correction, "or in so far as something does cause you to reflect on the
figment consciousness" not  "are in so far as something does cause you to
reflect on the figment consciousness"

On Sun, Jul 3, 2011 at 8:32 PM, B Soroud <bsor...@gmail.com> wrote:

> "if you are thinking about consciousness, then what else could it have been
> but consciousness that caused you to think about it"
>
> Are you saying consciousness literally causes you to objectify
> consciousness? Consciousness as a base is required to reflect on
> consciousness... the question is whether consciousness can truly be
> objectified or only falsely so.
>
> You could similarly differentiate consciousness from existence and say that
> existence as a base is required in order to "talk about consciousness"....
> you can go on to enumerate many things in such order. But nothing
> deterministically causes you to reflect on the notion of consciousness
> abstracted and objectified as such without direct reflection but imagined
> supposition...... are in so far as something does cause you to reflect on
> the figment consciousness... will to knowledge, will to power etc.... we
> haven't determined it.
>
> "If consciousness is causually inert then history would be the same even if
> it were abolished throughout the universe.
>
> can you please define consciousness here? what would be the same if what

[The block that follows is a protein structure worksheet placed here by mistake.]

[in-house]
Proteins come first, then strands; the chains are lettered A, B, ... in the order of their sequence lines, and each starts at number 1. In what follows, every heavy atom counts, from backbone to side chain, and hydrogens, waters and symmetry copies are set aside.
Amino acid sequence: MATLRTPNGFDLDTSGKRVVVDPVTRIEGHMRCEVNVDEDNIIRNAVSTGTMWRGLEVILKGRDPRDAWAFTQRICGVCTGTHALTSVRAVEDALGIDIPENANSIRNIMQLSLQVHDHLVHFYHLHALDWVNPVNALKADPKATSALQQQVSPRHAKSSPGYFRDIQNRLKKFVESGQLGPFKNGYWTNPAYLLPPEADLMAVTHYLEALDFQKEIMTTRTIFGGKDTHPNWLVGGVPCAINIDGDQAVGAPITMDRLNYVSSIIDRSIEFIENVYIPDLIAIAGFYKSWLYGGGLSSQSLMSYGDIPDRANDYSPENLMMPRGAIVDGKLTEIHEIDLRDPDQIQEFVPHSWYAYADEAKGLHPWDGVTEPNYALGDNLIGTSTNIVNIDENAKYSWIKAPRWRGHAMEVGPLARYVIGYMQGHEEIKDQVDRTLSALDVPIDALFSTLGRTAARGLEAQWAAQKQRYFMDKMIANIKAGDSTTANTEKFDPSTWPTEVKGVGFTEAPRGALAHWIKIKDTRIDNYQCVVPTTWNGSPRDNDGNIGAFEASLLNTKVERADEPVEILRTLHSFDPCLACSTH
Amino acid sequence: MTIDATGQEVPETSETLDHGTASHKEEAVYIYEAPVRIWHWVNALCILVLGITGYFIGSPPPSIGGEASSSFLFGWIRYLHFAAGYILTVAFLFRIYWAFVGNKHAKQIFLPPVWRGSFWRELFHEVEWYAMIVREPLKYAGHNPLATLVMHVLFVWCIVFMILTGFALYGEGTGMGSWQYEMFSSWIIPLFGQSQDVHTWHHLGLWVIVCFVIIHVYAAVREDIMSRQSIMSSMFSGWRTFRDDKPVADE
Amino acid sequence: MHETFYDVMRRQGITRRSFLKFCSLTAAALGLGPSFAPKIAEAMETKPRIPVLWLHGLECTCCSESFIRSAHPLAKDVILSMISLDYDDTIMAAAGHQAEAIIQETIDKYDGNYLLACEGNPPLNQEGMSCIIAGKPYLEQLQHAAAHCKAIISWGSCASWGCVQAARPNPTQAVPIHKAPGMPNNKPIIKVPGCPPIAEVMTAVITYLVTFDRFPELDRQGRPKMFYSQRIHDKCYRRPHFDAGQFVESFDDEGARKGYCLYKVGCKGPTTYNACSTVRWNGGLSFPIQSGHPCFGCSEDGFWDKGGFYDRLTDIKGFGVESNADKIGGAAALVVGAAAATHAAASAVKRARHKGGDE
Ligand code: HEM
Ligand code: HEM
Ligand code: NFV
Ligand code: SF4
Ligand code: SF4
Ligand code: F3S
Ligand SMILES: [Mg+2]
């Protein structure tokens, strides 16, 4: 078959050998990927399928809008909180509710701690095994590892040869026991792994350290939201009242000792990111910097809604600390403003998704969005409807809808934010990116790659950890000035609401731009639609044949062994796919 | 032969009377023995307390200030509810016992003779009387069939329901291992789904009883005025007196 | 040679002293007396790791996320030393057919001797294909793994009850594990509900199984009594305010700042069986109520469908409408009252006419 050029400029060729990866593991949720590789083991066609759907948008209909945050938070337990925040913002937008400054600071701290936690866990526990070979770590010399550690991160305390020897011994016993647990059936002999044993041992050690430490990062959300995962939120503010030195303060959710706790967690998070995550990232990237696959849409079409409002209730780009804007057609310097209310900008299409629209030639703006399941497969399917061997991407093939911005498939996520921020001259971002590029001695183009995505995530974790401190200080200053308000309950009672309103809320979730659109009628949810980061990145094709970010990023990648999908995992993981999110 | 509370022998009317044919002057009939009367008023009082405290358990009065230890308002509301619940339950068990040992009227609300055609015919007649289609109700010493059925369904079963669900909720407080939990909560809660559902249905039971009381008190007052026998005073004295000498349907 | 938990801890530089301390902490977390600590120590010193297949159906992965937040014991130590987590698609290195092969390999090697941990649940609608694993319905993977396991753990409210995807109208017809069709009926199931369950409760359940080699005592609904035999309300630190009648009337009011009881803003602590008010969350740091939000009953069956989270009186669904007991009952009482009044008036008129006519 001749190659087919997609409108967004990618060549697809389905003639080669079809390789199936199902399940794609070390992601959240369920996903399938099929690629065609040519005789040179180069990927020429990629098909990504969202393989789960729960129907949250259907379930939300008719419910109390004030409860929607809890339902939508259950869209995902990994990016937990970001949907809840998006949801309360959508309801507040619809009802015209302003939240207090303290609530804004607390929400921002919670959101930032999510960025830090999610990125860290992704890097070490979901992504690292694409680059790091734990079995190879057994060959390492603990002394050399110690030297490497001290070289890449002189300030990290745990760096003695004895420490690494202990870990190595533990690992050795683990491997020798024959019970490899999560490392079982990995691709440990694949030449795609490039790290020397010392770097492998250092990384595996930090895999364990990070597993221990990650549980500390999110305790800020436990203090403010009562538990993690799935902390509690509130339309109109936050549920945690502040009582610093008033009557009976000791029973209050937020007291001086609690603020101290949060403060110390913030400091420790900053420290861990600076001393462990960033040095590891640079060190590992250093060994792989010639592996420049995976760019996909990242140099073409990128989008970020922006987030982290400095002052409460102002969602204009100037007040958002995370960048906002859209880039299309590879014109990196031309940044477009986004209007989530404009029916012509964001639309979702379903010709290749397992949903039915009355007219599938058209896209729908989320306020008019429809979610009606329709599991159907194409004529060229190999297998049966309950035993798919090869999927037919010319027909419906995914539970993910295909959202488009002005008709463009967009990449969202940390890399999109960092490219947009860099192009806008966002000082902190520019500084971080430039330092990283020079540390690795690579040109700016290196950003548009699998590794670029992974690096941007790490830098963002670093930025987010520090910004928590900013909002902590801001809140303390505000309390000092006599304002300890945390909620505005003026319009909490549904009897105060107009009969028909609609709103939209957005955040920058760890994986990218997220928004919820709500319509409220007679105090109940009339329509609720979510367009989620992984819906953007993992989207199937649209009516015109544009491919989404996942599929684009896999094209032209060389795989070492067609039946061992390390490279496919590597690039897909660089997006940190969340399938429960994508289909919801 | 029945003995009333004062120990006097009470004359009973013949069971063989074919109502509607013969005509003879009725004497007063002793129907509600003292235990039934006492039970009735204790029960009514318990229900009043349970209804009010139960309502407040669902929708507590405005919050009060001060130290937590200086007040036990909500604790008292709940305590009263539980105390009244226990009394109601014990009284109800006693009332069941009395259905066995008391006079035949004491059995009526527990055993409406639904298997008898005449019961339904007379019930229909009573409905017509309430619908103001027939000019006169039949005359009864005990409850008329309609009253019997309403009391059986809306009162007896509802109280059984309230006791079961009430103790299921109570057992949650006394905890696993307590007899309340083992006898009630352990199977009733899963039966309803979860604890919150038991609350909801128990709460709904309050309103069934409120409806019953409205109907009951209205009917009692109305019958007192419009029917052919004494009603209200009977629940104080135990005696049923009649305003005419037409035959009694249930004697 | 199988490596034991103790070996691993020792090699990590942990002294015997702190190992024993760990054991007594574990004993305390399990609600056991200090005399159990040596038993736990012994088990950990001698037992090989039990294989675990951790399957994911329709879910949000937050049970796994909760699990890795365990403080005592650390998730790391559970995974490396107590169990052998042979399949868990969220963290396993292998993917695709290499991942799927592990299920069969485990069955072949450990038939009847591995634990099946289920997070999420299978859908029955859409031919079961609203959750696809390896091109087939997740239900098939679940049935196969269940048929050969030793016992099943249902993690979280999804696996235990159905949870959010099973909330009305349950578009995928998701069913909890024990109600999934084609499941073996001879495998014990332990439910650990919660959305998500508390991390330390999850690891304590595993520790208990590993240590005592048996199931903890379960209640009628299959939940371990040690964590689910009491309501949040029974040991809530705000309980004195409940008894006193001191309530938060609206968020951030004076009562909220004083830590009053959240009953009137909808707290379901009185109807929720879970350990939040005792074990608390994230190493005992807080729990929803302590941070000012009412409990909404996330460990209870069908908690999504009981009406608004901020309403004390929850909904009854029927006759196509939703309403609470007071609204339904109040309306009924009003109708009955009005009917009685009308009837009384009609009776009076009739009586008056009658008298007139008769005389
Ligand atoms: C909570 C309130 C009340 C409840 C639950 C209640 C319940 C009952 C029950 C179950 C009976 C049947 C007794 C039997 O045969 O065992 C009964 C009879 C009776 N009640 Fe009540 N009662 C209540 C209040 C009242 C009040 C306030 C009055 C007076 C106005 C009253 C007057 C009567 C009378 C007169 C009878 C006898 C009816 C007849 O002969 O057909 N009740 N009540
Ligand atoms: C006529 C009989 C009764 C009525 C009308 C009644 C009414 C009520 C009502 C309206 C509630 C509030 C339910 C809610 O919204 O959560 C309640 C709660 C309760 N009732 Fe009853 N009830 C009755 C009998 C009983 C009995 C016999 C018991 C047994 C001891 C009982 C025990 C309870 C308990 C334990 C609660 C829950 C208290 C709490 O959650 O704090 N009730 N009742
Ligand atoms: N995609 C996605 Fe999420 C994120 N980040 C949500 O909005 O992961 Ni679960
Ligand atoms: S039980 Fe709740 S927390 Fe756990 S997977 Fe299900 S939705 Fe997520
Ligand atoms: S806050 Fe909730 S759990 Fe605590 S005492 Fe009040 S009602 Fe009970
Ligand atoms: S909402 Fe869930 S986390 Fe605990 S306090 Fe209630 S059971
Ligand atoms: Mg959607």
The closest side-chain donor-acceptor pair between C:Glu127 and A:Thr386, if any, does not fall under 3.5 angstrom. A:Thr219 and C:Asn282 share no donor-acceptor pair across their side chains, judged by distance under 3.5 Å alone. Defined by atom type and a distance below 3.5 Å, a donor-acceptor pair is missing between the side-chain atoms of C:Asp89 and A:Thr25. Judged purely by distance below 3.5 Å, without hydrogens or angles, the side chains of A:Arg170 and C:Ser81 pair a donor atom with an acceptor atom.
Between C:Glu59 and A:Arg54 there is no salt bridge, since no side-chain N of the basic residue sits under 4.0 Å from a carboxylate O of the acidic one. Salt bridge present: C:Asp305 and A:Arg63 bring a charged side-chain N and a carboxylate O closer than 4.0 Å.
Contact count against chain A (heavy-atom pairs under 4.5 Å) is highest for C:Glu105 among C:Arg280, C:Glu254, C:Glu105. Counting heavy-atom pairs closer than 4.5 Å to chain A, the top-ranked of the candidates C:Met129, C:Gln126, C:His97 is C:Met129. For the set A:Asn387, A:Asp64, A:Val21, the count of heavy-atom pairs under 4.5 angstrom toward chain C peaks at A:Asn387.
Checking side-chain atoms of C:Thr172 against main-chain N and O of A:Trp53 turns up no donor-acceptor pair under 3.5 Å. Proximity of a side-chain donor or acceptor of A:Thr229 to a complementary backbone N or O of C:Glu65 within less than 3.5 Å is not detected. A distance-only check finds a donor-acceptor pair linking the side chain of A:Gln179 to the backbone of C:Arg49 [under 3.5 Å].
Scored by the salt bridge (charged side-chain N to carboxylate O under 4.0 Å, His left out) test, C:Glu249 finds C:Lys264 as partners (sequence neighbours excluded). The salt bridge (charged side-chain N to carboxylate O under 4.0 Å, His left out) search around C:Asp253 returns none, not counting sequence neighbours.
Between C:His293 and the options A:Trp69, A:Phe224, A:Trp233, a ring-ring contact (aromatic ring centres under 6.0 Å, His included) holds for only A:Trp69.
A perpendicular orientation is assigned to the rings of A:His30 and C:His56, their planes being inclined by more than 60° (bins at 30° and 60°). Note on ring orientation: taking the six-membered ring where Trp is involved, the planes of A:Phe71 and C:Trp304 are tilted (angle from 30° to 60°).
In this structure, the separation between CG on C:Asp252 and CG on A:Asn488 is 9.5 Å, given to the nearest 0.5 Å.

> was abolished from the universe?
>
> You can't really define consciousness, consciousness is essentially
> indefinable, therefore "it" doesn't exist... it is a merely inferred
> supposition.... if you think that doesn't make sense, just cause it doesn't
> make sense doesn't mean its not true.... just as, just because something
> makes sense doesn't mean its true..... similarly, just because something
> seems to make sense doesn't mean it actually makes sense, furthermore, just
> because something doesn't make sense doesn't mean it doesn't make sense.
>
>
> "To me it seems absurd that we would be endlessly debating some nonexistent
> thing which none of us has ever experienced, yet that is exactly the
> conclusion that comes from assuming consciousness has no effects."
>
> First off, what is wrong with absurd... existence is absurd, should we
> abolish it?
>
> "nonexistent thing which none of us has ever experienced"
>
> is there a such thing as a nonexistent thing that none of us has ever
> experienced? read Parmenides.
>
> Is it consciousness that is causally effective or is it the will that is
> causally effective........ perhaps we can make a distinction between
> consciousness and the will.... the will guided by the imagination as the
> basis of action.
>
>
>

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